Lessons from Britain: Where Pakistan’s ‘right’ goes wrong
Over a year ago, I was part of one the most exhilarating experiences ever – one of those transformational experiences that you keep learning from and growing through, well after they are over.
If any of you have visited England recently you must be familiar with the rising surge of the anti-Muslim sentiment and the popularity of right wing parties there. Though the swing to the right is a global phenomenon, the resurgence of blatantly racist parties like the British National Party (BNP) in a country like Britain, with a heavy immigrant population, is particularly disturbing.
In the current climate of Islamophobia, coupled with the anti-immigrant policies-induced xenophobia of the native British public, a far right political group called the English Defence League (EDL) emerged in 2009. A cursory look at their website will remind you of extremist right wing parties in Pakistan. The same religious bigotry and racial profiling, the same stoking of the religious sentiment and the same call for unity in face of the imminent threat by a foreign religion – in EDL’s case the threat being projected by Muslims who have corrupted the pure, white British population with their grotesque culture and extremist mindset.
Within a few months of its emergence, EDL was holding demonstrations in all of the major cities in Britain. With members primarily constituting white men, resembling football hooligans flashing ‘Hail Hitler’ gestures, they made quite an intimidating group. What was more disturbing though was how the British authorities allowed such an extremist group to openly demonstrate and chant hatred-inducing bigoted slogans against a religious minority.
Still, EDL had its work cut out for itself and in every city they went, they faced fierce opposition, with leftist, trade union and student union activists launching counter protests. During this time, I was based in Manchester and when EDL declared that its next great demonstration would be held there, I knew this was one day I was definitely calling in sick from work.
Weeks before the demonstration there was a campaigning hype – lectures at the Union, gatherings amongst activists of all stripes, meetings to discuss tactics and public debates on EDL’s hatred-inducing politics. On D-day, when I reached Piccadilly Gardens where the whole drama was to unfold, I was overwhelmed by the sheer numbers and unity among people from every faith, political affiliation, ethnicity, sexual orientation and age – all banding together to declare what they considered their common interest: Manchester had no place for EDL fascism. They held placards and shouted slogans, denouncing EDL’s Nazi style politics of hatred, and celebrating the culture of diversity and coexistence in Manchester.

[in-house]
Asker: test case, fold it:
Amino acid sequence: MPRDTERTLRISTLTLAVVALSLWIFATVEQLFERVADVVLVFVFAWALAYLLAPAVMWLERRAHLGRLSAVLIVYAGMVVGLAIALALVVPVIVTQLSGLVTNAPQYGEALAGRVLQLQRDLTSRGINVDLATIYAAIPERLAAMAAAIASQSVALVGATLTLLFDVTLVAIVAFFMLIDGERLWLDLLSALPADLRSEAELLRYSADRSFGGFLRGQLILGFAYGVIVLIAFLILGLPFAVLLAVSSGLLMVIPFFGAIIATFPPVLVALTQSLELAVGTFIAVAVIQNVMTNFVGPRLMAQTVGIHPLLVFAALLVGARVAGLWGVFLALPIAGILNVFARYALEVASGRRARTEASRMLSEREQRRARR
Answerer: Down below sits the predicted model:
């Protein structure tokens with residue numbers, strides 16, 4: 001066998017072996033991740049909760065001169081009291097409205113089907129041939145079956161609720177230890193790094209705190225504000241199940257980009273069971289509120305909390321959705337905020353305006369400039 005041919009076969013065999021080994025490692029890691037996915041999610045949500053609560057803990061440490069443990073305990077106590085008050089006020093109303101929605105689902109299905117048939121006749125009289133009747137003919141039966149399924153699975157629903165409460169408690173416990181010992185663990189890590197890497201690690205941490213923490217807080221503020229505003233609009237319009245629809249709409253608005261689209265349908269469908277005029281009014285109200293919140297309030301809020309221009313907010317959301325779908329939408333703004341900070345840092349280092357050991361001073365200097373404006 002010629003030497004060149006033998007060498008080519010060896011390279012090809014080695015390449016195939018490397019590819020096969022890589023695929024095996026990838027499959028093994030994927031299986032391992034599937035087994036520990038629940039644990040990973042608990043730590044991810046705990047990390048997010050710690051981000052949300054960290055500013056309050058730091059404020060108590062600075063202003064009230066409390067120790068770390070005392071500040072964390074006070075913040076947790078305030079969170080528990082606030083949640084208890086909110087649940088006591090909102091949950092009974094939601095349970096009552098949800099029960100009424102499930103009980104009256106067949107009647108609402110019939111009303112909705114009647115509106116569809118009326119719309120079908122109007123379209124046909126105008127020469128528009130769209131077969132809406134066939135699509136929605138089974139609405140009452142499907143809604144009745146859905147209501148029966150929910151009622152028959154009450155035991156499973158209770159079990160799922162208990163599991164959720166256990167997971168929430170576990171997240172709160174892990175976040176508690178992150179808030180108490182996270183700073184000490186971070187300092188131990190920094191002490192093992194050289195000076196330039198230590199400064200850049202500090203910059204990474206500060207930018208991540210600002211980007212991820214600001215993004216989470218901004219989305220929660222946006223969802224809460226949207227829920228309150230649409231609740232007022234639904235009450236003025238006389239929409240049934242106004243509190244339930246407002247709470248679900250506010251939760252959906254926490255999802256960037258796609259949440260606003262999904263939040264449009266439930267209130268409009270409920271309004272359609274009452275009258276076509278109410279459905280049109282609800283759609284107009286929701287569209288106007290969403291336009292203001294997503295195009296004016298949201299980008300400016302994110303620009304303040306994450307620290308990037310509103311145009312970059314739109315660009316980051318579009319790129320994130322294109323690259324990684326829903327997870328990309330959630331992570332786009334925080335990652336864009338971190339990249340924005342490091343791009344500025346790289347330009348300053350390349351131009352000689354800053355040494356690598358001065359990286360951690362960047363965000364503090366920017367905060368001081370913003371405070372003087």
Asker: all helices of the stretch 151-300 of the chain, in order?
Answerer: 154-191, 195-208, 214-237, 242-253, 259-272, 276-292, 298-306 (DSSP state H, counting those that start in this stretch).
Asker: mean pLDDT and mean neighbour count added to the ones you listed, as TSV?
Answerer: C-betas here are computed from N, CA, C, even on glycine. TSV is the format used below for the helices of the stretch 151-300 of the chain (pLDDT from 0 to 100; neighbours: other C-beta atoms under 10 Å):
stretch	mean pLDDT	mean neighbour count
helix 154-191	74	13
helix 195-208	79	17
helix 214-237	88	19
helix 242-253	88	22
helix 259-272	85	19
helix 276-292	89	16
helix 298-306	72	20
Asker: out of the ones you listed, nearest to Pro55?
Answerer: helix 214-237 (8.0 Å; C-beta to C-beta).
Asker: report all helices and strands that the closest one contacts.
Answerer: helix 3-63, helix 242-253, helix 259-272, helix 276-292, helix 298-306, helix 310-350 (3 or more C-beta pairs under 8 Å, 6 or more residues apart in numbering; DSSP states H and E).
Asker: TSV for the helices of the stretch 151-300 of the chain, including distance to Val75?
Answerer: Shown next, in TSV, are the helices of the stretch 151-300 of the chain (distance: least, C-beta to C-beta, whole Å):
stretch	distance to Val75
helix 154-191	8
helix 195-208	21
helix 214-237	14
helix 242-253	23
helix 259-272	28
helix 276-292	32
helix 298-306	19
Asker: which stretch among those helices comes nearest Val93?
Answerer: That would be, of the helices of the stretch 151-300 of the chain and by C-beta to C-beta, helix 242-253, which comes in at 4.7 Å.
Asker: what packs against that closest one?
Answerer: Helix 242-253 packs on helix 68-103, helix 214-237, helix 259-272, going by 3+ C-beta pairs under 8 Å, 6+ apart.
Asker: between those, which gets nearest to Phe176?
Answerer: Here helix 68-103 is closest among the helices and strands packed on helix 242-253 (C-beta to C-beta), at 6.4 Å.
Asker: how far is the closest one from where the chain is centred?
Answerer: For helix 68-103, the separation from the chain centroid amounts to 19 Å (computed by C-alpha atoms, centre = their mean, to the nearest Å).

When the sorry looking band of EDL supporters showed up, the police found themselves forced into the role of their bodyguards as entire Manchester raged against the audacity of a cult of hate breeders to infiltrate their city. As EDL protesters chanted tauntingly:
“Hey! Who are ya?”
…the opposing mass of people, everyone from young mothers carrying their children, activists in dreadlocks, overzealous university students, professors in tweed coats, men wearing namaz caps, to senior citizens sporting Che Guevara shirts chanted back with genuine pride:
“We’re Manchester! Who are you?”
For me, this memory will forever be etched as a brief glimpse of the human collective when it rises above its petty, self imposed divides.
Even in times when the British government was ridiculously exaggerating the threat of terrorism to Britain and when the impending economic crisis was already rife with hostile sentiment towards immigrants, the British public could still see a conflict for what it really was. More importantly they recognised the importance of providing a united front. They foresaw that the same government which could endorse the criminalisation of a religious minority to justify its military misadventures and economic failures could very well turn its guns against them when their interests dictated it.
Tragically though in Pakistan, Governor Salmaan Taseer’s assassination did not unify us in our condemnation of the murder of a human being in the name of our faith. Instead, it left us divided. It left us questioning whether it is indeed blasphemy to question the blasphemy laws; whether a person’s perceived morality entitles him to the right to take a life; and most tragically whether it is even in our common interest to be united for this cause.
On that day in Manchester, the British public, by presenting a defence that was so diverse and inclusive of every ethnicity, class and most importantly religion, stripped EDL’s campaign off its religious garb and exposed them for what they really were – forcing even the most biased news networks to admit that the divide was not between Muslims and non Muslims, but between EDL and Manchester.
Today in Pakistan however, it would be our greatest failure if we played into the hands of our ‘EDL’; if we fail to strip them off their religious garb; if we fail to stop them from making a mockery of our religion; fail to not recognise and speak up against an injustice setting a hideous precedent; and most importantly if tomorrow when the world looks back at this juncture in our history, because of us and our collective paralysis, they will not remember it as the time when Pakistan stood against religious intolerance and fascism, but when it began its dissent into it.
The views expressed by the writer and the reader comments do not necessarily reflect the views and policies of The Express Tribune.